Australian startup takes digital marketing platform to US

March 2017

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Core dna’s move to the US opens up a lucrative new market for its innovative platform, which combines digital marketing, e-commerce and portal tools in one managed solution.

The global e-commerce market is estimated to be worth US$22 trillion (A$30 trillion), with the US accounting for over US$6.5 trillion (A$8.7 trillion) and the US B2B e-commerce market accounting for nearly a quarter of global e-commerce[1]. Supporting e-commerce and accelerating this growth is marketing technology or ‘martech’, which is predicted to grow to US$32 billion (A$43 billion) by 2020[2].

Finding the opportunity

Founded by serial entrepreneur Sam Saltis, Core dna was spun out of Melbourne-based digital marketing agency bwired.

‘We were building similar applications for clients over and over again,’ says Saltis. ‘I saw an opportunity to generate efficiencies by building an application once and then distributing it across the whole client base, removing the back-end complexities and allowing the time and space to innovate rather than replicate. Core dna’s digital experience platform was our solution.

‘In 2015, the Core dna platform was launched as its own business. This allowed us to make technology accessible to fast-growing companies, allowing them to focus on being creative and growing their business rather than spending time and money developing e-commerce solutions from scratch,’ says Saltis.

‘The Core dna approach is about improving the way we build websites, as well as simplifying the management of technology to help clients’ online activities align with, and enhance, their business objectives.’

Breaking into the US market

Following strong initial success in Australia, Core dna set its sights on the US, the second biggest e-commerce market in the world. Austrade in New York and San Francisco helped Saltis better understand American culture and business environment.

‘When I was ready to visit the US, Austrade made introductions to influencers, potential clients and key contacts in multiple cities,’ he says. ‘The trip was life-changing as it opened my eyes to the scale of the market opportunity in the US for Core dna.

‘The trip confirmed there was a need for the Core dna solution and that the business would be much more successful gaining new clients in the US by committing to the market, rather than flying in and out every quarter. The goal of the trip evolved from market research to visiting multiple major cities and selecting a location for our US operations.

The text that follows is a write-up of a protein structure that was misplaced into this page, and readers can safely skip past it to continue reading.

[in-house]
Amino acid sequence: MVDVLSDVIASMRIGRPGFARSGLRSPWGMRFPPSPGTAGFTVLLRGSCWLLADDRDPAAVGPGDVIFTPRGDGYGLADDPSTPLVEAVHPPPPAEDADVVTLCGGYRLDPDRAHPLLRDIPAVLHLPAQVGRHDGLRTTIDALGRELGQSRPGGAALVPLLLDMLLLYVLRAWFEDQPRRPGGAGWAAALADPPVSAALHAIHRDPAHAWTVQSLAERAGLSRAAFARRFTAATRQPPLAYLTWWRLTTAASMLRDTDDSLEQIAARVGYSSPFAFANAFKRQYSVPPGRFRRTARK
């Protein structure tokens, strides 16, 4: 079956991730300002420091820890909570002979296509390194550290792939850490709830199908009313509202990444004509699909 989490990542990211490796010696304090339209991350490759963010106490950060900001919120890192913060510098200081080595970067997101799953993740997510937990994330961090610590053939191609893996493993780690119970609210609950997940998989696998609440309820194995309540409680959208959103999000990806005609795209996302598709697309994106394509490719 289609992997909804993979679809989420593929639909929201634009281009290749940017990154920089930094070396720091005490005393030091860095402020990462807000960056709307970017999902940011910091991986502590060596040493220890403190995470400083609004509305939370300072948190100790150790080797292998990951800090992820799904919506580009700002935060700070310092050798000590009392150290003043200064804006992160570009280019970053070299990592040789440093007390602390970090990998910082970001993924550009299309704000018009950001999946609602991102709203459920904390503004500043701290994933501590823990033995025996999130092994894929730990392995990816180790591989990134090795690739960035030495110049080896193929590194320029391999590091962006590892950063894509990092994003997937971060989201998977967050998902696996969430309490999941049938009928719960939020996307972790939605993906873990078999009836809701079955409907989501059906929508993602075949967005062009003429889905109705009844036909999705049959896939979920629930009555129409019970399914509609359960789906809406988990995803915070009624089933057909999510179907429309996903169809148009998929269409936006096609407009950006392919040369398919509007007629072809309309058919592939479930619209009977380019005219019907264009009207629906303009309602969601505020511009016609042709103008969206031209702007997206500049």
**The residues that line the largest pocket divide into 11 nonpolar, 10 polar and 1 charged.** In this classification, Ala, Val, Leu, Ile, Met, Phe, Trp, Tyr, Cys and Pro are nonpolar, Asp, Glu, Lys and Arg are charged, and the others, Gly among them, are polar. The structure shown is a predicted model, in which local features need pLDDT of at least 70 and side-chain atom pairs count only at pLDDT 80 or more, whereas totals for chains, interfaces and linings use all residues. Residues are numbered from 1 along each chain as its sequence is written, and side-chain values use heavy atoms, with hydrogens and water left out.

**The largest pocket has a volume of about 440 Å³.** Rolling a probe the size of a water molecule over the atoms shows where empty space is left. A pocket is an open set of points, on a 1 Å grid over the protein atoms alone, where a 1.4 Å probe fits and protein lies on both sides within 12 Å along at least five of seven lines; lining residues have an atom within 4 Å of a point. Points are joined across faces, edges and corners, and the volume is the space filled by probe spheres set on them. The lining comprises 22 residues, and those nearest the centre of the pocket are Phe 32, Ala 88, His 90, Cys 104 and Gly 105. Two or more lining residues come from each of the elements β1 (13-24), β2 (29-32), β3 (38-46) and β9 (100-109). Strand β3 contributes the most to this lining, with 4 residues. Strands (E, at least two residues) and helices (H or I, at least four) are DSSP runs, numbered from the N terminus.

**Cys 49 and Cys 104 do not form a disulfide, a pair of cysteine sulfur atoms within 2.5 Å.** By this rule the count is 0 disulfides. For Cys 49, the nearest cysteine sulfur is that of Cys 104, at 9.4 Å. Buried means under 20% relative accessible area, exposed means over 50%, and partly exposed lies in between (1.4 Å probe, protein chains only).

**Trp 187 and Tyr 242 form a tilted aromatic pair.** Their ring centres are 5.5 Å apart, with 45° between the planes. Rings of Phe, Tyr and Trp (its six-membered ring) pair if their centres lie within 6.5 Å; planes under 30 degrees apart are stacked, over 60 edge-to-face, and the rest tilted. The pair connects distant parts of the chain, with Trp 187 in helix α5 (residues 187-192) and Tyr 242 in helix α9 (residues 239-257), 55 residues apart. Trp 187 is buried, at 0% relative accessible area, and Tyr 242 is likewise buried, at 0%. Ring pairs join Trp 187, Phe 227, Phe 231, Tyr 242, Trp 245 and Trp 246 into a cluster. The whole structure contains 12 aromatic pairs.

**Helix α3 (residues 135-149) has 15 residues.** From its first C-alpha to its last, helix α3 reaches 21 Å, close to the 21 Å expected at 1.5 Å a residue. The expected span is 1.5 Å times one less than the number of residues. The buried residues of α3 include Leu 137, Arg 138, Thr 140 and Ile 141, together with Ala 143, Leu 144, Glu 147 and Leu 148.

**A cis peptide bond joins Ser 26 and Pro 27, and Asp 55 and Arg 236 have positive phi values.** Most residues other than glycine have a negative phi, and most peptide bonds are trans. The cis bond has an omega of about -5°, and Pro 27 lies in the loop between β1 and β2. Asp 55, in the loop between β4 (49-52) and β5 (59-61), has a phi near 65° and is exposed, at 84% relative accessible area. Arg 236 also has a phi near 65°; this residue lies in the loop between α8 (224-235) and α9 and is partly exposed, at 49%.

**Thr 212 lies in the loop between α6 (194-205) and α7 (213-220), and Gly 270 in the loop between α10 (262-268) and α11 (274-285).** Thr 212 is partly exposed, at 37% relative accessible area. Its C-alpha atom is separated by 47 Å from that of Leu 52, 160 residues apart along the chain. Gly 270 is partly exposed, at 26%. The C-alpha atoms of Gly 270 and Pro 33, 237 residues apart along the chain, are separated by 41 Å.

‘I discovered that Boston was a key US hub for tech and a leading city for venture capital. It has a strong ecosystem due to quality educational institutions and availability of a strong tech talent pool, business experience and ancillary services. That’s why I decided to move my family to Boston and grow Core dna in Australia from there. Also, I found Boston to be quite similar to Melbourne.’

Saltis selected a co-working space in Boston as the base for Core dna’s US presence and hired local sales and marketing staff.

‘Breaking into the local ecosystem was a real obstacle initially,’ says Saltis. ‘In the US, people are constantly sold to so they are harder to reach than in Australia. I found having a warm introduction from a mutual contact makes all the difference when approaching new clients.’

Austrade support

‘Austrade provided us with useful connections when we were just starting out,’ says Saltis. ‘I continue to stay in touch with Austrade in Boston because they have a fantastic network.

‘The Export Marketing Development Grant administered by Austrade was crucial to getting the US office off the ground. We also take advantage of the R&D tax incentive, which makes our Australian-made product competitive in the US market.’

Advice for entering the US market

Saltis’s advice to Australian startups is not to underestimate the size and cost of the US market – focus on just one region initially.

‘Even though we speak the same language and have commonalities in our culture and history, be prepared for cultural differences. Even within the US, cultures vary greatly,’ says Saltis.

‘If you’re trying to sell in the US from Australia, it will be much more difficult. In the US, it’s also much easier to find information on your prospects, but harder to access the right person. That’s where having a strong network really helps.

‘While San Francisco is known as the tech hub of the US, I would advise companies to look beyond the Valley. There are plenty of other great tech hubs that are less saturated.’

Saltis notes that expanding to the US helped Core dna understand what it takes to be global and highlighted how small the world truly is.

He believes there is actually less competition in the US compared to Australia due to the larger market. ‘While there are challenges, what can be achieved is exciting and makes all the hard work worth it.’


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